Purbeck is one of the richest places for wildlife in the UK. This is thanks to its unique combination of open coast, natural harbour, heathland, chalk and limestone habitats.
Dorset heath thrives here with an incredible variety of rare insects, such as southern damselflies.
Nationally-important numbers of brent geese and avocets choose Poole Harbour as their home over winter. The harbour is also home to a large colony of breeding terns, and the Jurassic Coast World Heritage Site, England’s only natural World Heritage Site.
Writers and artists such as Thomas Hardy, Paul Nash and Graham Sutherland all drew inspiration from Purbeck’s beauty.
From its thriving tourist economy, to its farming communities and military ranges, Purbeck is as vital for people as it is for wildlife.
Explore the area
Find out what’s going on near this Futurescape, including places to visit, news and local events, plus how you can work or volunteer for us.
Reserves and other protected areas are a key part of Futurescapes. They provide core areas for nature to thrive and eventually repopulate the surrounding landscapes. The key RSPB reserves within this Futurescape are:
This is an unusual yet important landscape where you can enjoy a vast expanse of open heathland and old oak woodland. Arne is a fantastic place for family walks at any time of year, has played host to BBC's Autumnwatch and has regular children's days which enable all the family to learn about the nature of the heaths.
We're working to safeguard and improve special places for nature. Each Futurescape contains a range of initiatives in addition to our reserves. The combination of these creates better conditions for wildlife across the countryside.
The RSPB has been managing heathland in Dorset for more than 30 years. In 1989, we established the Dorset Heathland Project to promote heathland conservation outside our reserves. Staff work with landowners to remove invasive scrub and rejuvenate heather and gorse.
The south west is blessed with a geography and climate which should be able to support a vibrant renewable energy industry. However, while there is a great prize to be won here, we need to work hard to ensure that any renewable energy development is sited with minimal impact to the environment.
Futurescapes is all about collaboration. There are many organisations and people involved in managing land in Wild Purbeck. Our challenge is working together to find ways of making more space for nature. To achieve this we’re working with:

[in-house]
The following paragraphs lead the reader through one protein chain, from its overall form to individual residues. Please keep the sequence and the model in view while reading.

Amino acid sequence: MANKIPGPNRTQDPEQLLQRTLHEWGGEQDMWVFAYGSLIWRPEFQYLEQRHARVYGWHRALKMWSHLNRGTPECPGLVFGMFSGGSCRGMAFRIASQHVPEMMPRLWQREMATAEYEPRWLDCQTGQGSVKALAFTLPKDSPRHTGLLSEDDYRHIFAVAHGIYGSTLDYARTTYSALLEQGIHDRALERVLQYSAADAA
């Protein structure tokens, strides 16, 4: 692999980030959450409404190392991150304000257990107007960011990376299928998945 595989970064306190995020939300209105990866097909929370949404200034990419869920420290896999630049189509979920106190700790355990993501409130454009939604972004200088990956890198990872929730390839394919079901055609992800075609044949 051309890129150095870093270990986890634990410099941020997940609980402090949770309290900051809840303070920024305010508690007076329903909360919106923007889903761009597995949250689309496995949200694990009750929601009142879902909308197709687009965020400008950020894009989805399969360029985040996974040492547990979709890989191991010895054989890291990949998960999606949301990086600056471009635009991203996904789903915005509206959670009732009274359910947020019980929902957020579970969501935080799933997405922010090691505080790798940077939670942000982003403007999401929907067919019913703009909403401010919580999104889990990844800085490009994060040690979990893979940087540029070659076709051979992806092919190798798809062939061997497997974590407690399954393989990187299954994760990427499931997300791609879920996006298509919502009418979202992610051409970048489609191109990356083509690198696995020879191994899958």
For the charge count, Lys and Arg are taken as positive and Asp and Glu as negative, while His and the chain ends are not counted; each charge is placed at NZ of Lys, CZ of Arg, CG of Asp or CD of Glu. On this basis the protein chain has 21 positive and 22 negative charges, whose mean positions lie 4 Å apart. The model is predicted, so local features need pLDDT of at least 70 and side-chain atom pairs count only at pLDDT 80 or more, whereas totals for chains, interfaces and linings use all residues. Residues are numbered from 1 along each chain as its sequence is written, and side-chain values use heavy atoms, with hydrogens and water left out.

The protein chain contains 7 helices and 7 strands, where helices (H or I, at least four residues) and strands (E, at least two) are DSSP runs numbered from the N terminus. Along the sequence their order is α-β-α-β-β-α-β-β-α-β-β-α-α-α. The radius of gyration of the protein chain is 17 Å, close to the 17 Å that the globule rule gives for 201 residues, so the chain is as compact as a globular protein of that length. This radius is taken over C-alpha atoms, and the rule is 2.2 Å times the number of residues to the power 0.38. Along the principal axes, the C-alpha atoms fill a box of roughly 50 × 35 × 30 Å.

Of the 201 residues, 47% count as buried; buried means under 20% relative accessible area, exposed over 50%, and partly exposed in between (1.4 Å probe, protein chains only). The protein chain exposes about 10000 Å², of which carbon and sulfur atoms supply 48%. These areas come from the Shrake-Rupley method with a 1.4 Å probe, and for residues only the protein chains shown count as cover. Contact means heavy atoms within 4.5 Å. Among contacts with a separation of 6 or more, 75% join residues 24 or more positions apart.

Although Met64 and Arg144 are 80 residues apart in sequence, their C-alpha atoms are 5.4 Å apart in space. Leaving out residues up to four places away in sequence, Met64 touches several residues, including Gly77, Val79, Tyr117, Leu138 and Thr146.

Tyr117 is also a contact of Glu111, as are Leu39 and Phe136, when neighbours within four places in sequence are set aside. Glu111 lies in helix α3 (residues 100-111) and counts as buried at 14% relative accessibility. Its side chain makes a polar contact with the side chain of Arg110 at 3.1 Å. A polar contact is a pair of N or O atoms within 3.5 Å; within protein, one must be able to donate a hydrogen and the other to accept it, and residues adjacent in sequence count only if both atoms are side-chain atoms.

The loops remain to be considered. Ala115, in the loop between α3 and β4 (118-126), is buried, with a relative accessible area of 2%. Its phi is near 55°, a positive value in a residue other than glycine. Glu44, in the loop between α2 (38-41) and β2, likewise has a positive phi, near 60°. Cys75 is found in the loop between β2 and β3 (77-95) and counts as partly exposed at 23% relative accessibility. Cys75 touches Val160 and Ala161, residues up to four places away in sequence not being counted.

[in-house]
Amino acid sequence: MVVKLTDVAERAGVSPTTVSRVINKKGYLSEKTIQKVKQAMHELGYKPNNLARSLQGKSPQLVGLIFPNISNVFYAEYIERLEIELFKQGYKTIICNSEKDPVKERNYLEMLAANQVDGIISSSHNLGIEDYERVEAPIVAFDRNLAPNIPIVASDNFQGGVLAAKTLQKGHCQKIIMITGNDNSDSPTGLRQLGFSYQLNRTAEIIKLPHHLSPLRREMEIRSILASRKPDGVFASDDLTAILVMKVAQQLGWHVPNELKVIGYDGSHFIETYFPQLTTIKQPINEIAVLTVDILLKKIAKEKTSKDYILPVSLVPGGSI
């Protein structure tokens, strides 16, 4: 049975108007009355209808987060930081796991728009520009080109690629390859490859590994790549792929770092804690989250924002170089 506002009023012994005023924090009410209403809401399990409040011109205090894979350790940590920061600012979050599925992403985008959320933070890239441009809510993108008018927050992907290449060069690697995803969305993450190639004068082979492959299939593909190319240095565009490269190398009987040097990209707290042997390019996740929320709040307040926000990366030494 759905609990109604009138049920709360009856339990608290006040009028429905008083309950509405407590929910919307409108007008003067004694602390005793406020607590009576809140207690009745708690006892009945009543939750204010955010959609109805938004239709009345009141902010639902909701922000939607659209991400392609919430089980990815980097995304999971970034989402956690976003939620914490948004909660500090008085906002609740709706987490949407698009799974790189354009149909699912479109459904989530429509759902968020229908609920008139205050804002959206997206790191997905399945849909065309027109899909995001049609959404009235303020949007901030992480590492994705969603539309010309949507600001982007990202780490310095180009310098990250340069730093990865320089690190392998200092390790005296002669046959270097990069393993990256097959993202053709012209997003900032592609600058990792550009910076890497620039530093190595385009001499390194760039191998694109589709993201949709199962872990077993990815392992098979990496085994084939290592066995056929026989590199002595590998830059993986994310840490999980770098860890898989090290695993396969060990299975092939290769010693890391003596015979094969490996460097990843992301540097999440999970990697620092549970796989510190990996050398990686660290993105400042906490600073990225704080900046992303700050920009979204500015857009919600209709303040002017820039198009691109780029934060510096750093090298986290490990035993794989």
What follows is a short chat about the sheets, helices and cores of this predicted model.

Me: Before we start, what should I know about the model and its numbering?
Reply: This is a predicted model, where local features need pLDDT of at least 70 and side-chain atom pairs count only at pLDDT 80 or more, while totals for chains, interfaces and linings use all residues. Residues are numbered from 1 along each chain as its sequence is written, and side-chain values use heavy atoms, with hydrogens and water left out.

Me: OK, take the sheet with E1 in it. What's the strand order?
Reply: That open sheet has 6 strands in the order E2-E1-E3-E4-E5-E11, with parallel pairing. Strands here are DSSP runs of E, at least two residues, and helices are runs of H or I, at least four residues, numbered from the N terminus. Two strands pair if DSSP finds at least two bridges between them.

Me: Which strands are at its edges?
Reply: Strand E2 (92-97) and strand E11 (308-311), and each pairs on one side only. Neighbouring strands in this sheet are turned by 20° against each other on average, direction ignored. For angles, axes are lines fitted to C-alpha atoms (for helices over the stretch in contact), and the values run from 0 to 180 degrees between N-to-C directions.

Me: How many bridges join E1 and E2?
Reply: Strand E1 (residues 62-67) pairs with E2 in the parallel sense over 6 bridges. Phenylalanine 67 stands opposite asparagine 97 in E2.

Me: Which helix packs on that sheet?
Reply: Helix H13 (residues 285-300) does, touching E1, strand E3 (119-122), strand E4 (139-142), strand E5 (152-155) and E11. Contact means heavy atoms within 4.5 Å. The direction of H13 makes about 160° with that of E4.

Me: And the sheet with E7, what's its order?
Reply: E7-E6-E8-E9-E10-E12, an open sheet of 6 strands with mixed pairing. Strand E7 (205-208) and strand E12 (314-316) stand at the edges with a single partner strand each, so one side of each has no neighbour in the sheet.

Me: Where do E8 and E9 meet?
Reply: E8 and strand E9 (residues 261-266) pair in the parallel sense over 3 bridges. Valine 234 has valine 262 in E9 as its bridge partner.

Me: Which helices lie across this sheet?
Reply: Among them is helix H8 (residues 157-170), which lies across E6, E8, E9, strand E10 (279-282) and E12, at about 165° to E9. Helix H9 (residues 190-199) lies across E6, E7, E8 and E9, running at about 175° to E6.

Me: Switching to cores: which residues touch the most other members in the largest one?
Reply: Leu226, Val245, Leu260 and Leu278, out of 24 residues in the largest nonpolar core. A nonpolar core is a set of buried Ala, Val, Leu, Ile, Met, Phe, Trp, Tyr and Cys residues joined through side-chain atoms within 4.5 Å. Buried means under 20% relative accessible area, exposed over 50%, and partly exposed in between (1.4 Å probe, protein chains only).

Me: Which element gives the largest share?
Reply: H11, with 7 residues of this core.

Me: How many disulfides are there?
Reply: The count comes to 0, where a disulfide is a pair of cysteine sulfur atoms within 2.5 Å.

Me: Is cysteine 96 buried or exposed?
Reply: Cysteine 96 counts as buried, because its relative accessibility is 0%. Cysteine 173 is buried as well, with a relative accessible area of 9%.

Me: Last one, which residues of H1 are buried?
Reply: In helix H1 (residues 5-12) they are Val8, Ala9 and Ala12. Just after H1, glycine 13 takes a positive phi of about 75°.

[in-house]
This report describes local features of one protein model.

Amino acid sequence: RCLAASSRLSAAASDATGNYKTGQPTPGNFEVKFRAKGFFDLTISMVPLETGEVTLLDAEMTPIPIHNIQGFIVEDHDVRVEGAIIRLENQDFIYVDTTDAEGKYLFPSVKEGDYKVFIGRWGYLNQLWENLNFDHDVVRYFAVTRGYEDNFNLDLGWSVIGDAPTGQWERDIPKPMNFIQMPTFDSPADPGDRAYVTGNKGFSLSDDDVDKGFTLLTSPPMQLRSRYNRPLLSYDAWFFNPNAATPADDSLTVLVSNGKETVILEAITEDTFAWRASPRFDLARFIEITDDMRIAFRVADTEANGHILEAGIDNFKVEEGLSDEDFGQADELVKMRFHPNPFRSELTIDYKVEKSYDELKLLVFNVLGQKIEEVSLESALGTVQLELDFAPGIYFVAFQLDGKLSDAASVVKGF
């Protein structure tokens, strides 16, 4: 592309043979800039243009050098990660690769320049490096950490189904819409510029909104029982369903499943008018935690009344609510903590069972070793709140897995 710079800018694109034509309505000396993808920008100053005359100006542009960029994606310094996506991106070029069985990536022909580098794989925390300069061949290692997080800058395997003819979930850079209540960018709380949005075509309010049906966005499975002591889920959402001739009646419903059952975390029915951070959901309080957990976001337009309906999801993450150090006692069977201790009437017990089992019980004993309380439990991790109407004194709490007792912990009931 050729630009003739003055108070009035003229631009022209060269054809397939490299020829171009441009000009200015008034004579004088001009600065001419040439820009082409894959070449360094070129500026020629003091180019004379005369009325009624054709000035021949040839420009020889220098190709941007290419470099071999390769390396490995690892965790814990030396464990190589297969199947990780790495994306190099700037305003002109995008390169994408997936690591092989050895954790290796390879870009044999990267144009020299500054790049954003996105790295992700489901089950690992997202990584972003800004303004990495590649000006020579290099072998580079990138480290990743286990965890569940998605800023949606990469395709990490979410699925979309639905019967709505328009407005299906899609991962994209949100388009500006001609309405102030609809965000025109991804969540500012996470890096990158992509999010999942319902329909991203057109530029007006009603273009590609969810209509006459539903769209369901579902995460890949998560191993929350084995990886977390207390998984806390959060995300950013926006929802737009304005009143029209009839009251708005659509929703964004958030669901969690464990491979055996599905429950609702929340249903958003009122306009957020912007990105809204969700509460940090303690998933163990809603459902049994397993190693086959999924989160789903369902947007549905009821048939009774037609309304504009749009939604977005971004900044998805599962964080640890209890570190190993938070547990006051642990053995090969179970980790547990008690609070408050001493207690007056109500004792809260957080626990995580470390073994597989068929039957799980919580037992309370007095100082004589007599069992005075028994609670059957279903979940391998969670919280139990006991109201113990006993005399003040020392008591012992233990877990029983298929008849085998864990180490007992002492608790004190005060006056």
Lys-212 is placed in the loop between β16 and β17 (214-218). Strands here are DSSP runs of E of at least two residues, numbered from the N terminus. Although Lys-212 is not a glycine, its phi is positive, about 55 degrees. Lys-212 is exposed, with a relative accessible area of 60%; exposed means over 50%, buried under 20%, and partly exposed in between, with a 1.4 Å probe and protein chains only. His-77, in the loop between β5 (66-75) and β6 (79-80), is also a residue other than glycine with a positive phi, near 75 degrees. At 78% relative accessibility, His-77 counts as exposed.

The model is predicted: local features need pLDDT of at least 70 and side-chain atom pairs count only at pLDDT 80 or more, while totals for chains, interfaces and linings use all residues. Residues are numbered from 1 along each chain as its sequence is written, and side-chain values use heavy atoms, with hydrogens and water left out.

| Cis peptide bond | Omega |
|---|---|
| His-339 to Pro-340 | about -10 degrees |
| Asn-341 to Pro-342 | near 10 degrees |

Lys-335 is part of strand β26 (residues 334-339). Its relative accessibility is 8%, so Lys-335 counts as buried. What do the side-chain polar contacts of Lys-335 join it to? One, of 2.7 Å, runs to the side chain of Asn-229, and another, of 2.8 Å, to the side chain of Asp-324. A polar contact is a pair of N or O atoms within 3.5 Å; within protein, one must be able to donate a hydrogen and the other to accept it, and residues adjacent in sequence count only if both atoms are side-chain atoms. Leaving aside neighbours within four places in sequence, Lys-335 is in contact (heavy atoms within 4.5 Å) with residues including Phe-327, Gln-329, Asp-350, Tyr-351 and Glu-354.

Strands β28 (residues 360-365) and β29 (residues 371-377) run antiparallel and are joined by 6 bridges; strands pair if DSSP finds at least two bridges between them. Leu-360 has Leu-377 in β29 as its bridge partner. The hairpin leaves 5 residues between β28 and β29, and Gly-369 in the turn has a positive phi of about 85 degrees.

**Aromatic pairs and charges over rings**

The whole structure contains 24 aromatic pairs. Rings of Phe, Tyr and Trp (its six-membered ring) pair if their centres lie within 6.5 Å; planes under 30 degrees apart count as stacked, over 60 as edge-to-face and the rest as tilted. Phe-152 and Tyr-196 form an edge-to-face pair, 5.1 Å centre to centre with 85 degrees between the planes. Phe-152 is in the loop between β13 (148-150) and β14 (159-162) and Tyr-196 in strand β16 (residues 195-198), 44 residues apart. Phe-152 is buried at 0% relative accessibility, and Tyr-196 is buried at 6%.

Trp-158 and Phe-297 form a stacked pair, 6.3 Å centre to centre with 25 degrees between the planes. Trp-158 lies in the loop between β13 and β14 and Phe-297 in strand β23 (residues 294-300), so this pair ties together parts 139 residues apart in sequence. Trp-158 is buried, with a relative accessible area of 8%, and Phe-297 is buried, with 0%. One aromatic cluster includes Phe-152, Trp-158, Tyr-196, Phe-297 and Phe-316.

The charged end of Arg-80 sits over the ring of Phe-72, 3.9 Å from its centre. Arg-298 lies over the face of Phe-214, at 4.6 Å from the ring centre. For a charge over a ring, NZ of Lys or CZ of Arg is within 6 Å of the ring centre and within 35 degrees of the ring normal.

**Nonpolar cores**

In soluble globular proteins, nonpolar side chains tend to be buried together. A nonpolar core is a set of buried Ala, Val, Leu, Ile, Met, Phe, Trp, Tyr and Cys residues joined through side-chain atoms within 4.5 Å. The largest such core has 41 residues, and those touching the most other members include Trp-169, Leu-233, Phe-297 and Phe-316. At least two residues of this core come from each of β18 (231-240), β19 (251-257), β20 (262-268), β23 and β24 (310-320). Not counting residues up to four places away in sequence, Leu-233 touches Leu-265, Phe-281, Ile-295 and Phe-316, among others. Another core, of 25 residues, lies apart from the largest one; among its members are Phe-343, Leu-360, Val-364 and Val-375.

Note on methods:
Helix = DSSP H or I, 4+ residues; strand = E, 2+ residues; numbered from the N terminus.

Saving special places
Victory for Harapan Rainforest
Beautiful Hutan Harapan forest is a precious remnant of the rainforest that once covered much of Sumatra (Photo: RSPB-images/Steve Roland) Hutan Harapan is one of the last remaining areas of dry lowland Sumatran forest and is among the most th...(r...Posted 12/04/2019 by Heather Mitchell
Rila Mountains: The Final Piece in Bulgaria's Protected Area Network for Birds
Daniel Pullan, our International Casework Manager writes: I was thrilled last week when my Bulgarian colleague Irina Mateeva told me that the Bulgarian Government had designated the last part of the Rila Mountains as a Special Protection Area. This a...Posted 04/04/2019 by Heather Mitchell
A net gain for nature
How can built development leave the natural environment in a better shape than it was before? This is the question at the heart of Defra’s recent consultation on ‘biodiversity net gain’. We know from the State of Nature 2016 report ...(read more)Posted 01/03/2019 by Simon Marsh
What will the new NPPF mean for places, people and nature?
On Tuesday the Government published a new National Planning Policy Framework (NPPF) for England. You can see our previous commentary on the draft version here , here and here . The NPPF sets out the Government’s planning policies for England...(read ...Posted 27/07/2018 by Steph